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First the link to this week’s complete list as HTML and as PDF.
Jun et al. make excessive use of the word fact checking in their report and employ it exclusively to describe one of their three outcomes. In fact they do not test for anything of the sort. In all eight experiments their participants can give one of three answers, true, false, and don’t know. The fact, that they will be told the correct answers for their don’t knows afterwards, is irrelevant, as they will not be able to correct their answers then. These participants all take part in a boring task for money and probably could not care less about the truth of some fictitious and concocted statements. They are far too old to be college students, but as members of MTurk they probably all belong in the WEIRD category. As such they will be aware that on average
“don’t know” is equivalent to throwing a coin and that giving a random answer will save them the tedium of receiving and having to pretend to read additional material at the end. So what’s probably really happening here is, they set out being conscientious but, being made aware of the fact of only being one in a hundred, prefer the easier way out in the knowledge it probably won’t skew the result anyway.
So what would an experiment truly being about fact checking look like? I should give one point for correct and deduct one for false as above, but provide some means of real fact checking, like consulting other sources, and award only half a point for a correct answer given after that. This, after all, is what real fact checking is all about.
Only one question remains: What on earth possesses the National Academy of Science to publish stuff like that?
As far as I can see there still is no emerging consensus about where and whom Homo floresiensis may have come from. Until there is I shall continue to take all published results, like this new one by Argue et al., with a sizeable pinch of salt. The purpose of any theory is to make testable predictions. In the case of human genealogies this means describing in advance, what the next fossil found will look like given its age and provenance. So far every new find has come as a total surprise and yielded something entirely new and unexpected. As long as this continues to be the case, the suggested human family tree is still very far from being able to be called a theory.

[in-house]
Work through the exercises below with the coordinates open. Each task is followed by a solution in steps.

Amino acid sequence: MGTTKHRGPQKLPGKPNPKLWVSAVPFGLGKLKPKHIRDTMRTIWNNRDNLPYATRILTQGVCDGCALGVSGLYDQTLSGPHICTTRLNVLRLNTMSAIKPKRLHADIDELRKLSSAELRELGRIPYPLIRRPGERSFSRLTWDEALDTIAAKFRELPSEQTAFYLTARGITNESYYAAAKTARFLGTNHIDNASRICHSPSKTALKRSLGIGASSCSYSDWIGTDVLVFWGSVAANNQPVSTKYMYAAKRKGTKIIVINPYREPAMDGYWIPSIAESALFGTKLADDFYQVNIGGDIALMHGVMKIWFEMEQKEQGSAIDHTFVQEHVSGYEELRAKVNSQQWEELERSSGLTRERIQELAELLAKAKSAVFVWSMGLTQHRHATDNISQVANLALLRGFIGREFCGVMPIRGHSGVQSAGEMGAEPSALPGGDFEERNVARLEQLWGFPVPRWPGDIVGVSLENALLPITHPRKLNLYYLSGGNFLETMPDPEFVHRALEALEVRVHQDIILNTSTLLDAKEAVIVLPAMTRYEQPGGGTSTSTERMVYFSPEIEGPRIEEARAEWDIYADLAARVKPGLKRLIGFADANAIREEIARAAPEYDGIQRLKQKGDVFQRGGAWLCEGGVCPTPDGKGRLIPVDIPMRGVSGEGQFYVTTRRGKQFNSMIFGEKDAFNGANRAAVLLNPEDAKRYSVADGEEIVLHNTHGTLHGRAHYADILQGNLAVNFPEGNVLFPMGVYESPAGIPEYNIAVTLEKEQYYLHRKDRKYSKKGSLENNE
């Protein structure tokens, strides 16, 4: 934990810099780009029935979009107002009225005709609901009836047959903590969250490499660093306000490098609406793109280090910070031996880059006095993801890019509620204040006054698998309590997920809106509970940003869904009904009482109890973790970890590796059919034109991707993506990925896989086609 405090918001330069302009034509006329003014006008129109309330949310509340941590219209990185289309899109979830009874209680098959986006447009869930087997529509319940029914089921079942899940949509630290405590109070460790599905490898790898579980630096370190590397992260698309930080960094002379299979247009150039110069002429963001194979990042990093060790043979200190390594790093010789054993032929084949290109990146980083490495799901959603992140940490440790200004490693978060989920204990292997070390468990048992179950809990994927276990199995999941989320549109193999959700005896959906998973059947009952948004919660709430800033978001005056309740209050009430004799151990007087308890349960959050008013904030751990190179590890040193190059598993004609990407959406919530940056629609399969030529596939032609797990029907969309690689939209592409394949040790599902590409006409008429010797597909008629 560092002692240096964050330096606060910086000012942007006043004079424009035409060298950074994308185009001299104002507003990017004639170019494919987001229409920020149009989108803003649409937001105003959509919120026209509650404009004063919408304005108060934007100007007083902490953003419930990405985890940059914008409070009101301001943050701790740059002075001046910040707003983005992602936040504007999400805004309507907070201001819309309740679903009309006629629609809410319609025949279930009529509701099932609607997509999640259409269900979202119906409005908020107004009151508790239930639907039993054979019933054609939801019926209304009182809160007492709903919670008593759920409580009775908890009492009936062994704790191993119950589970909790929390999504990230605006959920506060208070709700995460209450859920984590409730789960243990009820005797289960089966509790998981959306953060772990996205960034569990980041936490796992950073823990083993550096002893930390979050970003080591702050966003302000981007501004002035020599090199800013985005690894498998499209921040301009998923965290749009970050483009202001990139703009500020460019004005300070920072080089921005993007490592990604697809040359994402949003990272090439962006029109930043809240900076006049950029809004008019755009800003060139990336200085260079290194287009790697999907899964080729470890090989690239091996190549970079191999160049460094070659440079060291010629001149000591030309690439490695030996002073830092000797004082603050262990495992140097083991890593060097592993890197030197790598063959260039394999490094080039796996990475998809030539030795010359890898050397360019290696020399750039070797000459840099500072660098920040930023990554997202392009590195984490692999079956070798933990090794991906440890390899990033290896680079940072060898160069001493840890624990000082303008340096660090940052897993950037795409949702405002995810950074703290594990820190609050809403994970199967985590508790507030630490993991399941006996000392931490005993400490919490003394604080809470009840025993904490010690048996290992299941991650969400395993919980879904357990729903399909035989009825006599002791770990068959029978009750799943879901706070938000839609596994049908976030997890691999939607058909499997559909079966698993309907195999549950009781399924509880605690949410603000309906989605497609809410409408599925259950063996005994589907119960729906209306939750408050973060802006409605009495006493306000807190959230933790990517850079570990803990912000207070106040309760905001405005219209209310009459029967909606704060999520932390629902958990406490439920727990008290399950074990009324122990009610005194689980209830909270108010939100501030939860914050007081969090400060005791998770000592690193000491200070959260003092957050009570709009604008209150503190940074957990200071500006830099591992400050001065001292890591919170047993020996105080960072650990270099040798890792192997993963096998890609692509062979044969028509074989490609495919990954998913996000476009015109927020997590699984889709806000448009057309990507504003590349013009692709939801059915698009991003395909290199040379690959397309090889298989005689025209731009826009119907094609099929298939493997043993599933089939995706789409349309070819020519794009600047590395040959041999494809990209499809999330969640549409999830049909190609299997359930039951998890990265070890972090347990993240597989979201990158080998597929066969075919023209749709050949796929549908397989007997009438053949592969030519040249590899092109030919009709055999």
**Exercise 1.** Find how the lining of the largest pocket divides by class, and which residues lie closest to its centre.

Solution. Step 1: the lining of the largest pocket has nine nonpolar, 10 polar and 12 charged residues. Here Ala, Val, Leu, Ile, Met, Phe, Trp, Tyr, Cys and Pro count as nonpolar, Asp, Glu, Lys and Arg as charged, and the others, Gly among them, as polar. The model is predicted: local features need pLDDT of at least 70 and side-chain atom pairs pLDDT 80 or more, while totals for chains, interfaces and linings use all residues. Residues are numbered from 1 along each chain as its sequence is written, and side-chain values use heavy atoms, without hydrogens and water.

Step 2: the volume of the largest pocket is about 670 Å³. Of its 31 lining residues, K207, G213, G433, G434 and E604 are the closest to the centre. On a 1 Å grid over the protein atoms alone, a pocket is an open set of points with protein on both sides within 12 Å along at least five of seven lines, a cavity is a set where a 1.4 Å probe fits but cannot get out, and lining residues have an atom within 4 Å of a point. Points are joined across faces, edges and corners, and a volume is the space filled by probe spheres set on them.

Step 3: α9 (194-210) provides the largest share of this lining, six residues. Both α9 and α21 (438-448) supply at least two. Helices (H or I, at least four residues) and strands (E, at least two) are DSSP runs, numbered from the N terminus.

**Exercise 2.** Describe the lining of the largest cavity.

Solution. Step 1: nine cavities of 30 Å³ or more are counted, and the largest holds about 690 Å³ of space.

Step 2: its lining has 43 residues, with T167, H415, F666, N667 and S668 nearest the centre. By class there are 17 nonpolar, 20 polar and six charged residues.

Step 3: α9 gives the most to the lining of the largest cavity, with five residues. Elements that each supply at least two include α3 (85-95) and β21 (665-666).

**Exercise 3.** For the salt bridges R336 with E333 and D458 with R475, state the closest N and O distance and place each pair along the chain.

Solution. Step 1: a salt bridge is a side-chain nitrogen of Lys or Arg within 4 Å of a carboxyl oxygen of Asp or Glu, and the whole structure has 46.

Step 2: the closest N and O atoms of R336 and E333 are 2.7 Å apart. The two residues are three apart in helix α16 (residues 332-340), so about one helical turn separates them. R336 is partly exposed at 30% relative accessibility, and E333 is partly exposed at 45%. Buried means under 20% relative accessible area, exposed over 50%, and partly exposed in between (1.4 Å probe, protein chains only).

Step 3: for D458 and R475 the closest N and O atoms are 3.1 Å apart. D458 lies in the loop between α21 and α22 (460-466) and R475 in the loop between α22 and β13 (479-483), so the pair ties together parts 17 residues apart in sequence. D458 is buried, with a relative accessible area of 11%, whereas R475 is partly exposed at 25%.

Changes in the spine and vertebrae are intimately related to our upright gait, making Ward et al.’s results particularly relevant.
Dangendorf et al. is another example of tweaking and correcting measured data in such a way, that they a) better conform to published models and are b) moulded towards a hockey-stick-like doomsday shape. Of course neither point is proof against the validity of these corrections, but the consistency, with which all recent changes of older measurements point in a single direction, certainly raises a question.
Styring et al.’s is a very worth-while study on early agriculture and seems to confirm what has long been assumed about Neolithic subsistence systems. That said their results look particularly weak. They strongly depend on assumptions about contemporary precipitation levels of which we have crude estimates only for the relevant times. On top of that their figure 4 shows only a weak trend, possibly caused by confounders and outliers alone, that seems to explain something like a tenth of the variation if that. This seems a tiny peg to hang a hefty theory on.
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